It's difficult to find a more ironical story in modern American politics than Kristol's hatred of Trump, knowing that he was one of several conservative operatives who helped discover Palin, thus opening a massive Pandora's box of nitwittery.
Rewind to 2007, when Kristol was responsible for scouting a game-changing presidential candidate who could, at that time, take on Hillary Clinton. During a conservative-themed cruise to Alaska, Kristol and several other apparatchiks visited with a little-known governor named Sarah Palin. In spite of her obvious lack of intellectual curiosity or grasp of basic sentence structure, Kristol's team enthusiastically added her name to a short-list that would eventually find its way to John McCain the following year.
Prior to John McCain's choice of Palin as his running mate, Kristol was closely associated with the Bush administration and its strategy of political expedience over long-term policy feasibility. The Iraq War, for example, was poorly conceived and so shoddily executed partly due to Kristol's neocon ambitions and fantastical expectations about how nation-building in the Middle East might turn out. Worse yet, it was conceived to all but guarantee a successful reelection campaign for Bush since presidencies rarely change hands in the early days of a war, especially in the newly-fabricated age of personality cults. Never mind the cost in lives or money, this was about fulfilling a frivolous political goal, and it was sold with all of the patriotic superlatives that effectively conditioned Republicans to embrace the politics of Donald Trump.
Taken as a whole, operatives like Kristol skewed the trajectory of their party from being a relatively balanced mix of populism and ideology into a political outfit that's solely interested in winning at any cost, reasonable policy ideas be damned -- even if it means glaring contradictions, or nominating an empty suit like Trump, Palin or Bush, or if it means bankrupting the treasury with ill-conceived tax cuts and two horrendous wars.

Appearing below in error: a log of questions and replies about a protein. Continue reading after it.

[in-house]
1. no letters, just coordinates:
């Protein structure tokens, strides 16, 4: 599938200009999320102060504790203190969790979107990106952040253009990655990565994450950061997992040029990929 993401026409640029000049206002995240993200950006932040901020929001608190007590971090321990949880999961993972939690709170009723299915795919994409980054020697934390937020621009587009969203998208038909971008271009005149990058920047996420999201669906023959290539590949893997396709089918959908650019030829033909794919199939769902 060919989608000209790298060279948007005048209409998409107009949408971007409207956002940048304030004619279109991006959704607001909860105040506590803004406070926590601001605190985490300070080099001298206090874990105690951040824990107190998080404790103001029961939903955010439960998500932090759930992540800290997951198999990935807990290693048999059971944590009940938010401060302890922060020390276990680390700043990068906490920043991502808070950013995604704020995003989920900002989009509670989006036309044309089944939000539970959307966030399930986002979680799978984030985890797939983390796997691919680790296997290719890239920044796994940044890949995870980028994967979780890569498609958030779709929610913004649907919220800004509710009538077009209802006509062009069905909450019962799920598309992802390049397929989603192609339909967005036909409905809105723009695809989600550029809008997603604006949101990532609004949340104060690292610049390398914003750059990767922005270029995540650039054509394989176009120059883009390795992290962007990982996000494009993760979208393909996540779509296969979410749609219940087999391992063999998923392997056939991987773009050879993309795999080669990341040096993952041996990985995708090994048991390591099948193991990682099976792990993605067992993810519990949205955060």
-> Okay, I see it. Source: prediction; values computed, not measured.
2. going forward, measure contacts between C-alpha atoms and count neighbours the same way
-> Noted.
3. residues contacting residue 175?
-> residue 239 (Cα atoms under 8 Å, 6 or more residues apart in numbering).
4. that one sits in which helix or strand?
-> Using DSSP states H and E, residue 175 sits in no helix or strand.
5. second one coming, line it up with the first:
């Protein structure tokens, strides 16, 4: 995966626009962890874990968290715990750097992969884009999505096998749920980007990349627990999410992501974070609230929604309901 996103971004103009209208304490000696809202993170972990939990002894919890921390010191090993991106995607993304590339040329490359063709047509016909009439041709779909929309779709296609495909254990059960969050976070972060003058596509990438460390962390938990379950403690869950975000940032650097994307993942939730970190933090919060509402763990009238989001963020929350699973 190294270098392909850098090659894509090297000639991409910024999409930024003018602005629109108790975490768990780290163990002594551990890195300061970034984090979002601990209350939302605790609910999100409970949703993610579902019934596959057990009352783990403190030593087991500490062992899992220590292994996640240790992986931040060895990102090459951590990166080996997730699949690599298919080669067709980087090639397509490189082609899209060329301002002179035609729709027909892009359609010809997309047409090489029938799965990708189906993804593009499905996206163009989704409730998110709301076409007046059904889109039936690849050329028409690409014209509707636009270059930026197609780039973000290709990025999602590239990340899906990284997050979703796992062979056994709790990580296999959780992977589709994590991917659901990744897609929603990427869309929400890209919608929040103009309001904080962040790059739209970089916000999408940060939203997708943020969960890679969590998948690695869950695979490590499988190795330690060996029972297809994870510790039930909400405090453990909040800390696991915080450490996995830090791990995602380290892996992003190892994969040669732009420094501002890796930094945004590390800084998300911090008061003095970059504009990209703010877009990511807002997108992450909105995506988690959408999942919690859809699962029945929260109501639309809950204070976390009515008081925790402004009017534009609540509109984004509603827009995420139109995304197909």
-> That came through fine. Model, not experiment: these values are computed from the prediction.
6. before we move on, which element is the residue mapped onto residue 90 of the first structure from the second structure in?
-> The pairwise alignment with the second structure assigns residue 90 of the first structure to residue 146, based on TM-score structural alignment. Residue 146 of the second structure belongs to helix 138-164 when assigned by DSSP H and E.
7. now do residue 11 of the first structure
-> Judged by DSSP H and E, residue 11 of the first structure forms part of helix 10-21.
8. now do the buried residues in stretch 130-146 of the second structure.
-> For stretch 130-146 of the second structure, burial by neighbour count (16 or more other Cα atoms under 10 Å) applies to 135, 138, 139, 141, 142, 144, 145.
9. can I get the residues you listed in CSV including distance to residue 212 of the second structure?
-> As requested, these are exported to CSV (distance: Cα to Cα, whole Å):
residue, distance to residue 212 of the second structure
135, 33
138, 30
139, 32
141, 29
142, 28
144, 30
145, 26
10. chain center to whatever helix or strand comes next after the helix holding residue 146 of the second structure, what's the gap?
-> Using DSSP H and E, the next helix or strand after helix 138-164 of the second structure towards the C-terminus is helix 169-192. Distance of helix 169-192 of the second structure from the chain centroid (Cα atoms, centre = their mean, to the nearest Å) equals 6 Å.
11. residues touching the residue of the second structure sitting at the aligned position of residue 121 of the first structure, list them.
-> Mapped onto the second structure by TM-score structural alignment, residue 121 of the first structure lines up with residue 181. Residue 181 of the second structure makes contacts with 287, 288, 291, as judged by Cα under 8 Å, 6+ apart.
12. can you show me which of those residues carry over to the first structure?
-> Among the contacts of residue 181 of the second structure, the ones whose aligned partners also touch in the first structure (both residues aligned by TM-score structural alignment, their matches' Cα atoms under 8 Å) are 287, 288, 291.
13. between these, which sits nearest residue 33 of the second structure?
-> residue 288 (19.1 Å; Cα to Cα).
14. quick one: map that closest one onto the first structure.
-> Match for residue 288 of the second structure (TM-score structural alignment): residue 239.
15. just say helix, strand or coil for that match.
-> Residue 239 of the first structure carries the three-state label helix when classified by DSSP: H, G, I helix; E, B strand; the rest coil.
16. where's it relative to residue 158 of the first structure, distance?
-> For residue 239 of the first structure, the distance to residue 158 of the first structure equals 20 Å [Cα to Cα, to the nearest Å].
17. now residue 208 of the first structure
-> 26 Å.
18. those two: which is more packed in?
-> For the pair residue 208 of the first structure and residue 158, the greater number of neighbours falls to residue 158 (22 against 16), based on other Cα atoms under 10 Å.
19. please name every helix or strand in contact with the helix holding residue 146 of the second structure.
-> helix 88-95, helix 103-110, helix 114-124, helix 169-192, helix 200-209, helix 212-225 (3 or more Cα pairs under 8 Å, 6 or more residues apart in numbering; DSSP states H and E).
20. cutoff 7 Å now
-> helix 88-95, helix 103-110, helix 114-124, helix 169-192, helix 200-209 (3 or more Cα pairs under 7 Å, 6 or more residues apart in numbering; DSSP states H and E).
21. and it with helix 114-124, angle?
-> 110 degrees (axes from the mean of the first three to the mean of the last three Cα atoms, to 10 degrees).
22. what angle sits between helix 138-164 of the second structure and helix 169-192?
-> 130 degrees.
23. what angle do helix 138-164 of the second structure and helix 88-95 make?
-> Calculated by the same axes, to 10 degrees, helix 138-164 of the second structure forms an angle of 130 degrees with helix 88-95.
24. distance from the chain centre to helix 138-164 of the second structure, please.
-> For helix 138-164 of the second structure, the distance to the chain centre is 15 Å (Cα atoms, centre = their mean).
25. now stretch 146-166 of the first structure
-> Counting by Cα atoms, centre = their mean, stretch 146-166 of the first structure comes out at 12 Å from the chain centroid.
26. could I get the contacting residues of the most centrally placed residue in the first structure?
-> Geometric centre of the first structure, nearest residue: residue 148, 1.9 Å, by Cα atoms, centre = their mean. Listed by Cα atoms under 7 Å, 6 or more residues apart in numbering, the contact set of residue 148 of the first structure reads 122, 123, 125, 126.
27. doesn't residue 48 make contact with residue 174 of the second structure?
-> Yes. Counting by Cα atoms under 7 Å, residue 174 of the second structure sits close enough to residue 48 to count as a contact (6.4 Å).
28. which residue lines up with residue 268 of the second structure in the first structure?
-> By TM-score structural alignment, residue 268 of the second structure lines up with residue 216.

Kristol's GOP is about stunt-casting and pandering to the basest human instincts of its voters, and he deserves to be held accountable for all that. As we can clearly observe in The National Review this week, they'll never own their wrongness, nor will they ever admit that they planted the fuzzy orange seeds that gave us the age of Trump. But the party of personal responsibility so rarely is, so don't hold your breath waiting for an apology.
For eight years and more, we've been warning the GOP about the bumper-sticker blurting -- the patriotic Mad Libs of empty suits like Trump, Bush and Palin. Only now, after it's too late, are some of them beginning to see the light. Let historians record that Trump's seeming invincibility didn't happen in a vacuum. He's not a political outlier, he's the future of the Republican Party, and we only need to look to his most vocal conservative opponents to discover who's responsible for giving us the Trump clown show.